Does Exercise Make You Eat More?
Congrats, you just burned off two bites of a Snickers bar.
When most people finish a hard workout, they want a reward—possibly a sandwich, or some pancakes, or maybe even a burger and fries. What they don’t want? To not eat anything. And yet, a few recent studies found that moderate intensity aerobic training could actually decrease your appetite or increase your feelings of fullness or satiety. Strange, right? Who doesn’t love shoving their face after a big cardio session? In fact, previous research has shown that people who exercise often reward themselves with food, increasing overall calorie consumption, and often sabotaging their weight loss goals. So, what gives?
“Exercise can definitely suppress hunger,” says Barry Braun, Ph.D., director of the Energy Metabolism Laboratory at the University of Massachusetts, Amherst, who has co-authored multiple studies on the subject. How, why, and for how long afterward is something researchers are still working out. They do know that workouts trigger changes in the hunger hormone, acylated ghrelin, and the satiety hormones, PYY and GLP-1—though research has yet to establish the exact relationship.
A recent study published in the journal Metabolism found that perceived fullness—both while fasting and after eating—was higher among participants after 12 weeks of aerobic training, but not after resistance training for the same amount of time. And another study out of Brigham Young University revealed that women appeared to be less interested in food on mornings when they walked on a treadmill for 45 minutes than on days they didn’t.
But if sweat sessions make you want to eat less, then why aren’t exercisers everywhere losing weight like crazy? “In most studies, there is a poor correspondence between appetite and actual food intake,” says Braun. In other words, just because you may not feel as hungry as normal, it doesn’t prevent you from eating too much after a workout anyway.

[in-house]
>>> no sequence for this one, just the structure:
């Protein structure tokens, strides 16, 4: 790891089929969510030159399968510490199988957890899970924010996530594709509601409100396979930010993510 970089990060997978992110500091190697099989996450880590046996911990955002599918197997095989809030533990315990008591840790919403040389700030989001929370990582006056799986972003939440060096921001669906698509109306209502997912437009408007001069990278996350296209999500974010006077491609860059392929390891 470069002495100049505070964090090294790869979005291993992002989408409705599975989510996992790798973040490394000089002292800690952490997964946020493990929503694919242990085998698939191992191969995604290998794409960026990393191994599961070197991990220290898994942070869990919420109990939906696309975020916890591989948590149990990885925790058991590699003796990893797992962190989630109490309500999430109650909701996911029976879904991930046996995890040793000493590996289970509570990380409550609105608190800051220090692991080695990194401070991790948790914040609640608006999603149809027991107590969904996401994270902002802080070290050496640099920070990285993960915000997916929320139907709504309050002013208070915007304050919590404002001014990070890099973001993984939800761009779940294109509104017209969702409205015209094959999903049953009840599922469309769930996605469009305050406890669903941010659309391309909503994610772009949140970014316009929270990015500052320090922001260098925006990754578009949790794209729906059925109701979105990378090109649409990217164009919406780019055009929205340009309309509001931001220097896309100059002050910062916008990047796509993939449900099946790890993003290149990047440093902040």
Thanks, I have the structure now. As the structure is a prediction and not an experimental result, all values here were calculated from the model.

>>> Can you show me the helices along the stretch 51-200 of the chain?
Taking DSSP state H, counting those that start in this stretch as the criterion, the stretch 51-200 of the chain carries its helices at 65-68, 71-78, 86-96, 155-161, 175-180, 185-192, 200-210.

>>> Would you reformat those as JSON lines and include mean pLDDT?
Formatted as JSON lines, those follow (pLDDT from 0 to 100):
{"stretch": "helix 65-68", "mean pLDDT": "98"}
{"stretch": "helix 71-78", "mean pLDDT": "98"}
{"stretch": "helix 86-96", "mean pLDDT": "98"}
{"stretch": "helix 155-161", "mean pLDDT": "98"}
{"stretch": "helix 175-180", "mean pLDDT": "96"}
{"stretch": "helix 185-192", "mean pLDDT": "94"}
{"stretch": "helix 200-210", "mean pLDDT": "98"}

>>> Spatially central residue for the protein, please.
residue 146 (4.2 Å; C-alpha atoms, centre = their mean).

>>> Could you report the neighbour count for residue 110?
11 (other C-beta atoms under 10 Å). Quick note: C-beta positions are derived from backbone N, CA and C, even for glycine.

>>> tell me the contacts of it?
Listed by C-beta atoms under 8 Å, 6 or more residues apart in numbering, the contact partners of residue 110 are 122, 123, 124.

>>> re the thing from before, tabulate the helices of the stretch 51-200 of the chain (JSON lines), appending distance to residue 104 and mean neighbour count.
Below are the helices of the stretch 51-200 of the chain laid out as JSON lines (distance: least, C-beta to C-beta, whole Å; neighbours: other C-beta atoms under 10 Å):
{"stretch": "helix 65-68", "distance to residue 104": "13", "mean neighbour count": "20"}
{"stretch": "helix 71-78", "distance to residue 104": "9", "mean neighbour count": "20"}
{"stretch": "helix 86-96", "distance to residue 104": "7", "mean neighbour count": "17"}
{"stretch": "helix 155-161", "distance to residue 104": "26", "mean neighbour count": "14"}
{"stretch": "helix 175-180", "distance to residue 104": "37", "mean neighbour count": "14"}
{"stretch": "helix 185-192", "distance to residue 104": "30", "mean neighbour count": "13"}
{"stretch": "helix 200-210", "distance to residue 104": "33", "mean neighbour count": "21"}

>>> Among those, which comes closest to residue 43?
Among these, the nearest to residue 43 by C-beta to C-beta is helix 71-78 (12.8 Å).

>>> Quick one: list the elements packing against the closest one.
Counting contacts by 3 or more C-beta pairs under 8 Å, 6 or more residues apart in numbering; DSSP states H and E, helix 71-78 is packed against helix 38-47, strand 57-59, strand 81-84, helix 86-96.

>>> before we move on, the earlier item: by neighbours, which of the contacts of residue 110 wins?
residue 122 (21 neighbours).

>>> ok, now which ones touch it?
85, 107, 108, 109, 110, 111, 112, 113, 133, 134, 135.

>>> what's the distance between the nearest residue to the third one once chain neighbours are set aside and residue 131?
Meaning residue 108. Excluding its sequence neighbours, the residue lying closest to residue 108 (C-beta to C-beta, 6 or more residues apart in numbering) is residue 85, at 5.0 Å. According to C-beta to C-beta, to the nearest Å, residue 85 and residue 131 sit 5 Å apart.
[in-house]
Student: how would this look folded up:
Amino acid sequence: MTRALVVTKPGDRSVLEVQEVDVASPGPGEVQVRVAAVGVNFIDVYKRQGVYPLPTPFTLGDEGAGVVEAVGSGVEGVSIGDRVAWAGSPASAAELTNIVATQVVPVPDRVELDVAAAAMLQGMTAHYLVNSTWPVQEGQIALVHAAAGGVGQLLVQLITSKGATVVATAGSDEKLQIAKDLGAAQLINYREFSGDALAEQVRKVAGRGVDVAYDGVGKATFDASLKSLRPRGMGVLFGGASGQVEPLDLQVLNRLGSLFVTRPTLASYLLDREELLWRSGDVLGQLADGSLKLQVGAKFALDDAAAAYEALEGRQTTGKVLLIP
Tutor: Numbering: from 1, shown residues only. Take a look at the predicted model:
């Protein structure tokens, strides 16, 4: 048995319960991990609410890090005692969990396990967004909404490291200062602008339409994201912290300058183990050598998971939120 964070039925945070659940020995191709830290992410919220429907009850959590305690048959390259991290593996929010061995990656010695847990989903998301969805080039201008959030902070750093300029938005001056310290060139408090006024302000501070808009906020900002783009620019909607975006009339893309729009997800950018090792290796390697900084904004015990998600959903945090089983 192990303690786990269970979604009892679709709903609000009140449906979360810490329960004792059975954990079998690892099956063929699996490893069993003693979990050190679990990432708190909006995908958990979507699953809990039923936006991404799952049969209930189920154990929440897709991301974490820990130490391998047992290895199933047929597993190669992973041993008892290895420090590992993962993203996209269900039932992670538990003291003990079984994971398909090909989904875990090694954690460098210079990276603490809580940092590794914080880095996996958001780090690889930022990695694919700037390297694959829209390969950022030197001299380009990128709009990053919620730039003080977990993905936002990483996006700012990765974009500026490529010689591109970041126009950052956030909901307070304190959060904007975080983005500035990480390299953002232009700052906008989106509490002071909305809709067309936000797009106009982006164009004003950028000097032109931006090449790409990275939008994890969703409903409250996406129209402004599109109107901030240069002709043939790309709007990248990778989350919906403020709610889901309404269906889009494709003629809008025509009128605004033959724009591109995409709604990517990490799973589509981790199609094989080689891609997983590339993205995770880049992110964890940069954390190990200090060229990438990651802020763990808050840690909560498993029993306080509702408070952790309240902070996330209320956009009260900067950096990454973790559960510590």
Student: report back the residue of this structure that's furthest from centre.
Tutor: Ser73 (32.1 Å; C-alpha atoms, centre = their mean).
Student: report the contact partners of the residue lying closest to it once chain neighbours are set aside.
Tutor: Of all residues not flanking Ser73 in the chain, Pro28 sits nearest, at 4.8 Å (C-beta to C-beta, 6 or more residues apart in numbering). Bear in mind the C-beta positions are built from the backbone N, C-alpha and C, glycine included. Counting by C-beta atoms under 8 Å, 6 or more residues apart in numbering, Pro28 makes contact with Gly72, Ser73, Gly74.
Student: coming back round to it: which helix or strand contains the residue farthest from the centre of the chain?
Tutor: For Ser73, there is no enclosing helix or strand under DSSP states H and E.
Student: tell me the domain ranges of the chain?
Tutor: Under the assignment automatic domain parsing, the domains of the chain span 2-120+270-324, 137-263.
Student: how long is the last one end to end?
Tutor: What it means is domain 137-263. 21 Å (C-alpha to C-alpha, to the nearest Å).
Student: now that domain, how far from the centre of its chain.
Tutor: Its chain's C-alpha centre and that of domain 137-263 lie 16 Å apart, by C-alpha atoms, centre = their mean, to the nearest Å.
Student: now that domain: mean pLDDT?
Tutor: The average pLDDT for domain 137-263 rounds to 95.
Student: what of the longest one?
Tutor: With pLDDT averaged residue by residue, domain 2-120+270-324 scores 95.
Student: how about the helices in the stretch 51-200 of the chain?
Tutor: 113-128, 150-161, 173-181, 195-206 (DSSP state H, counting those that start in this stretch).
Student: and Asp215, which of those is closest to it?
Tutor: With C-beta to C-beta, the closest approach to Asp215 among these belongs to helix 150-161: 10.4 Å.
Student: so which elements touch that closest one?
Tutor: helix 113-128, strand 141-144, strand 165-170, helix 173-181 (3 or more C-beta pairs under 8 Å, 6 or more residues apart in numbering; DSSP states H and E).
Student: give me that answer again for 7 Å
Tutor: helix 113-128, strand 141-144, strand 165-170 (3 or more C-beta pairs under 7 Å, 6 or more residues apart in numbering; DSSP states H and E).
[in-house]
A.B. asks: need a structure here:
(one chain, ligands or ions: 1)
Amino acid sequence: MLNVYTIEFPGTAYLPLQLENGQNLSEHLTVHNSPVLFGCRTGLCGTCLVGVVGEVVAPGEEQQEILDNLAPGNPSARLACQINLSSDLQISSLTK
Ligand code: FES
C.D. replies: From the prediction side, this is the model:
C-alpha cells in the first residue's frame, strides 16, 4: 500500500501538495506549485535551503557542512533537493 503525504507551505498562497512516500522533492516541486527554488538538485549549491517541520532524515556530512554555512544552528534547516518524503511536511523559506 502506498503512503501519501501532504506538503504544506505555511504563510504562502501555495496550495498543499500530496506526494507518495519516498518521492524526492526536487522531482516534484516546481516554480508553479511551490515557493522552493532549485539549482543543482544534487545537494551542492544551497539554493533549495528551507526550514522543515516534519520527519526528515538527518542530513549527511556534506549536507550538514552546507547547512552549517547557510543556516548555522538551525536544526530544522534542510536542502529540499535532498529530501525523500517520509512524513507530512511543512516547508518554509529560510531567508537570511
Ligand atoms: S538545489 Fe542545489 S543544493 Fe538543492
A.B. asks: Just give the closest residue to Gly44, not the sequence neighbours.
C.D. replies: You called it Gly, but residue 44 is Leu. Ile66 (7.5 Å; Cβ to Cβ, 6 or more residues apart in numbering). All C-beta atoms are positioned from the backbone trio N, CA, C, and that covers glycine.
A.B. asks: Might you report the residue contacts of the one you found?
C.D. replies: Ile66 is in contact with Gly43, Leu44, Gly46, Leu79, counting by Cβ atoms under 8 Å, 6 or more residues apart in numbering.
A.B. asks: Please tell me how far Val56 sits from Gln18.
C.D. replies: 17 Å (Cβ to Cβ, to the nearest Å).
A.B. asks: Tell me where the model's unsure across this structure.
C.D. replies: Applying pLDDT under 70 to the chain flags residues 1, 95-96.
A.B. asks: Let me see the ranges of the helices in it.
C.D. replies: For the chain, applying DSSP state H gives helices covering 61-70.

“The effect of exercise on appetite will likely vary from person to person,” says Paul MacLean, Ph.D., associate professor of medicine at the University of Colorado Anshutz Medical Center, who has also performed research on the subject. And actual food intake may be more influenced by things like wanting to be rewarded for your “work,” the social pressure of having burgers and beers with the guys after a game, or simply being in the habit of eating a big breakfast and not holding back when you start to feel full. “I’m pretty certain the average person greatly overestimates the number of calories burned during physical activity,” adds Braun. “Running 40 minutes at a 9 min/mile pace burns about 450 calories, and there are 500 calories in a Starbucks Venti Mocha Frappucino (with whole milk and whipped cream). So it’s incredibly easy to negate the weight loss effects of exercise.”
The fix: Nix food rewards—treat yourself to a Redbox flick instead—and write down everything you eat into your iPhone for a week. Studies show that simply logging your meals can make you eat less. Don’t skip the gym either, says Kym Guelfi, associate professor at The University of Western Australia, and co-author of the Metabolism study. “Exercise gives you benefits that dieting alone cannot, such as increased fitness, decreased stress, and increased muscle mass, which helps you burn more calories and fat at rest.”